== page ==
he best customers, we’re told, are loyal ones. They cost less to serve, they’re usually willing to pay more than other customers, and they often act as word-of-mouth marketers for your company. Win loyalty, therefore, and proﬁts will follow as night follows day. Certainly that’s what CRM software vendors–and the armies of consultants who helpinstall their systems – are claiming. And it seems that many business executives agree. Corporate expenditures on loyalty initiatives are booming: The top 16 retailers in Europe, for example, collectively spent more than $1 billion in 2000. Indeed, for the last ten years, the gospel of customer loyalty has been repeated so often and so loudly that it seems almost crazy to challenge it. But that isprecisely what some of the loyalty movement’s early believers are starting to do. Take the case of one U.S. high-tech corporate service provider we studied. Back in 1997, this company set up an elaborate costing scheme to track the performance of its newly instituted loyalty programs. The scheme measured not only direct product costs for each customer but also all associated advertising, service,sales force, and organizational expenses. After running the scheme for ﬁve years, the company was able to determine the proﬁtability of each of its accounts over time. Executives were curious to see just what payoff they were getting from their $2 million annual investment in customer loyalty.
by Werner Reinartz and V. Kumar
Much of the common wisdom about customer retention is bunk. To getstrong returns on relationship programs, companies need a clearer understanding of the link between loyalty and proﬁts.
Copyright © 2002 by Harvard Business School Publishing Corporation. All rights reserved.
T h e M i s m a n a g e m e n t o f C u s t o m e r Lo ya l ty
The answer took them by surprise. About half of those customers who made regular purchases for at least two years –and were therefore designated as “loyal” – barely generated a proﬁt. Conversely, about half of the most proﬁtable customers were blow-ins, buying a great deal of high-margin products in a short time before completely disappearing. Our research ﬁndings echo that company’s experience. We’ve been studying the dynamics of customer loyalty using four companies’ customer databases. In addition to thehigh-tech corporate service provider, we studied a large U.S. mail-order company, a French retail food business, and a German direct brokerage house. Collectively, the data have enabled us to compare the behavior, revenue, and proﬁtability of more than 16,000 individual and corporate customers over a four-year period. What we’ve found is that the relationship between loyalty and proﬁtability is muchweaker – and subtler – than the proponents of loyalty programs claim. Speciﬁcally, we discovered little or no evidence to suggest that customers who purchase steadily from a company over time are necessarily cheaper to serve, less price sensitive, or particularly effective at bringing in new business. Indeed, in light of our ﬁndings, many companies will need to reevaluate the way they managecustomer loyalty programs. Instead of focusing on loyalty alone, companies will have to ﬁnd ways to measure the relationship between loyalty and proﬁtability so that they can better identify which customers to focus on and which to ignore. Here we present one way to do that – a new methodology that will enable managers to determine far more precisely than most existing approaches do just when to let goof a given customer and so dramatically improve the returns on their investments in loyalty. We’ll also discuss strategies for managing relationships with customers who have different proﬁtability and loyalty proﬁles. Let’s begin, though, by reconsidering the evidence for the link between loyalty and proﬁtability.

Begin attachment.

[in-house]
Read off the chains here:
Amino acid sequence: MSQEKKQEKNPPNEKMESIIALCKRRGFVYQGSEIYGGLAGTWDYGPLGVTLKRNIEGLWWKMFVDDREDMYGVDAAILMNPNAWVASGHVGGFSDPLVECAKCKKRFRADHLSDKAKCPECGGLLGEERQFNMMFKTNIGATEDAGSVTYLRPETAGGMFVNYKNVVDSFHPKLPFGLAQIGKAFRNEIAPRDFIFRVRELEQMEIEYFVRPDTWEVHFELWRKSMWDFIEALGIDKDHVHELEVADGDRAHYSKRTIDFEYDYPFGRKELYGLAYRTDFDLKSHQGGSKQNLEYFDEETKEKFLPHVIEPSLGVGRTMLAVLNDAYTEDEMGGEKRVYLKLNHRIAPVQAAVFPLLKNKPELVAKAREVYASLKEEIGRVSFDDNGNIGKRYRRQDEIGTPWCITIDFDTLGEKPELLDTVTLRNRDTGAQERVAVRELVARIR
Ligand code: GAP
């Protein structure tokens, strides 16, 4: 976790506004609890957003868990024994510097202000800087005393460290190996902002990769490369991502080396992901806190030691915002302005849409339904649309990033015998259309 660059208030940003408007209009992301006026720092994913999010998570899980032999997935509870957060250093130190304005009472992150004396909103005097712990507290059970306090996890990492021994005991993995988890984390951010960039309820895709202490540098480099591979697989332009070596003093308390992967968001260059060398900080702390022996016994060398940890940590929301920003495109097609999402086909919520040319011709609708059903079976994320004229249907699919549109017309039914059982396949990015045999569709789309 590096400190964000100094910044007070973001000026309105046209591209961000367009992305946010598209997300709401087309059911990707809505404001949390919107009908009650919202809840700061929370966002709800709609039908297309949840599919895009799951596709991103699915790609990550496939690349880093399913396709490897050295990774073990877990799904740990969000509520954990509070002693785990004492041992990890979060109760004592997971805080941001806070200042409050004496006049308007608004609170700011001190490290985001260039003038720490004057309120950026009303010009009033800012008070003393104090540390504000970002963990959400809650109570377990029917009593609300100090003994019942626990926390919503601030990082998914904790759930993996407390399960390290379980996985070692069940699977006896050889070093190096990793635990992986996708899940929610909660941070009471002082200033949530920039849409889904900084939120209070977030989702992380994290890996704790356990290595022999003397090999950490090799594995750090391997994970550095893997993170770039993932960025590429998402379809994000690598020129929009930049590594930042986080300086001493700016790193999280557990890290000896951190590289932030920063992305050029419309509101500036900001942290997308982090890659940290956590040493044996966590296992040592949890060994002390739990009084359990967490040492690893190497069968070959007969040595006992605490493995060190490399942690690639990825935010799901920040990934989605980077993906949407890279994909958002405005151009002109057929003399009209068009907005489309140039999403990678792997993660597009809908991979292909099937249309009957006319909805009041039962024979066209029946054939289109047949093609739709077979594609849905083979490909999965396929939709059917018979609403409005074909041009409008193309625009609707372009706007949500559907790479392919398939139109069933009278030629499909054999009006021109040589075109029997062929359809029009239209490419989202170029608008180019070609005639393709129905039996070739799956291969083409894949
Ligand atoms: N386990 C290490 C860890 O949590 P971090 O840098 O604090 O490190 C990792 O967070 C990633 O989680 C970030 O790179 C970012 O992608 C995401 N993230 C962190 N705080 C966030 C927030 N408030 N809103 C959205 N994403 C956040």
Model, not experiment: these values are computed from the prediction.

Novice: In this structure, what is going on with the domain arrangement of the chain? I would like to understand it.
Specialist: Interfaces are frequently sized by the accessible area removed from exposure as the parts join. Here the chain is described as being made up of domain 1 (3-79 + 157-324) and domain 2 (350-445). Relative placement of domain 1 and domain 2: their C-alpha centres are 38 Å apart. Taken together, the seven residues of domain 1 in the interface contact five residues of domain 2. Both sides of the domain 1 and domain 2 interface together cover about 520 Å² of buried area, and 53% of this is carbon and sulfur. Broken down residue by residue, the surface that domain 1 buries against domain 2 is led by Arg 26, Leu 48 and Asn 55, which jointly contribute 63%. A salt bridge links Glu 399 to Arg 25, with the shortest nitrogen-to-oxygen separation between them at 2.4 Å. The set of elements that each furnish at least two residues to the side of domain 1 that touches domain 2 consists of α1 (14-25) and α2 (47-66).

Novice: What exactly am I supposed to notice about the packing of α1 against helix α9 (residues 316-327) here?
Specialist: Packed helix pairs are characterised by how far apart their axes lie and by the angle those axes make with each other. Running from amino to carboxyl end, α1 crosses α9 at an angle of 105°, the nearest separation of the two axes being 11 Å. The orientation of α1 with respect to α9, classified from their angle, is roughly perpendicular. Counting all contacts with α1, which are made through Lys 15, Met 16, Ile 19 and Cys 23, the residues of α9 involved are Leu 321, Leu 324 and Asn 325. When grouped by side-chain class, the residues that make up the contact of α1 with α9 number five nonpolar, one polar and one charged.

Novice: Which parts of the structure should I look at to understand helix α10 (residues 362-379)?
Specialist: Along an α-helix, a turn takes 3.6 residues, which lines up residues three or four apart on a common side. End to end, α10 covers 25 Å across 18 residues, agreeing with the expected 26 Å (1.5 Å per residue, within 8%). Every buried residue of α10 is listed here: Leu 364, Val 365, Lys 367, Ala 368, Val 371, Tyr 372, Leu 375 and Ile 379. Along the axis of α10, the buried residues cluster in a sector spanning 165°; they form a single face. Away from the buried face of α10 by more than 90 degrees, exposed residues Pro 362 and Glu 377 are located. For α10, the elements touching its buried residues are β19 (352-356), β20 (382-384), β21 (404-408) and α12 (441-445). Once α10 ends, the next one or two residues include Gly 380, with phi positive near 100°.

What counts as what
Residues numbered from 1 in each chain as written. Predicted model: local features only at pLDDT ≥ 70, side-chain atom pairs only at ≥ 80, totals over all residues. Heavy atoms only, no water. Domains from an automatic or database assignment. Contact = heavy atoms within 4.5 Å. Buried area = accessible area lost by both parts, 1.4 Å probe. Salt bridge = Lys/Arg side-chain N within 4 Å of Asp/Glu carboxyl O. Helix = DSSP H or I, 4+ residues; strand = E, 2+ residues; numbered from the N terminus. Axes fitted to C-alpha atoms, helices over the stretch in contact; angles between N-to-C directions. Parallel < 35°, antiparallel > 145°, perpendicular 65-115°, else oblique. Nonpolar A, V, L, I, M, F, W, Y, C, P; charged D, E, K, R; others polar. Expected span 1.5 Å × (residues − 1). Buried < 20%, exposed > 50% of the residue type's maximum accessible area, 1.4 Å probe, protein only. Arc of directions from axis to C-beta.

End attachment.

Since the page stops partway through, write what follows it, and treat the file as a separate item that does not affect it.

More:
Is Loyalty Proﬁtable?
To answer this question, we looked at the relationship...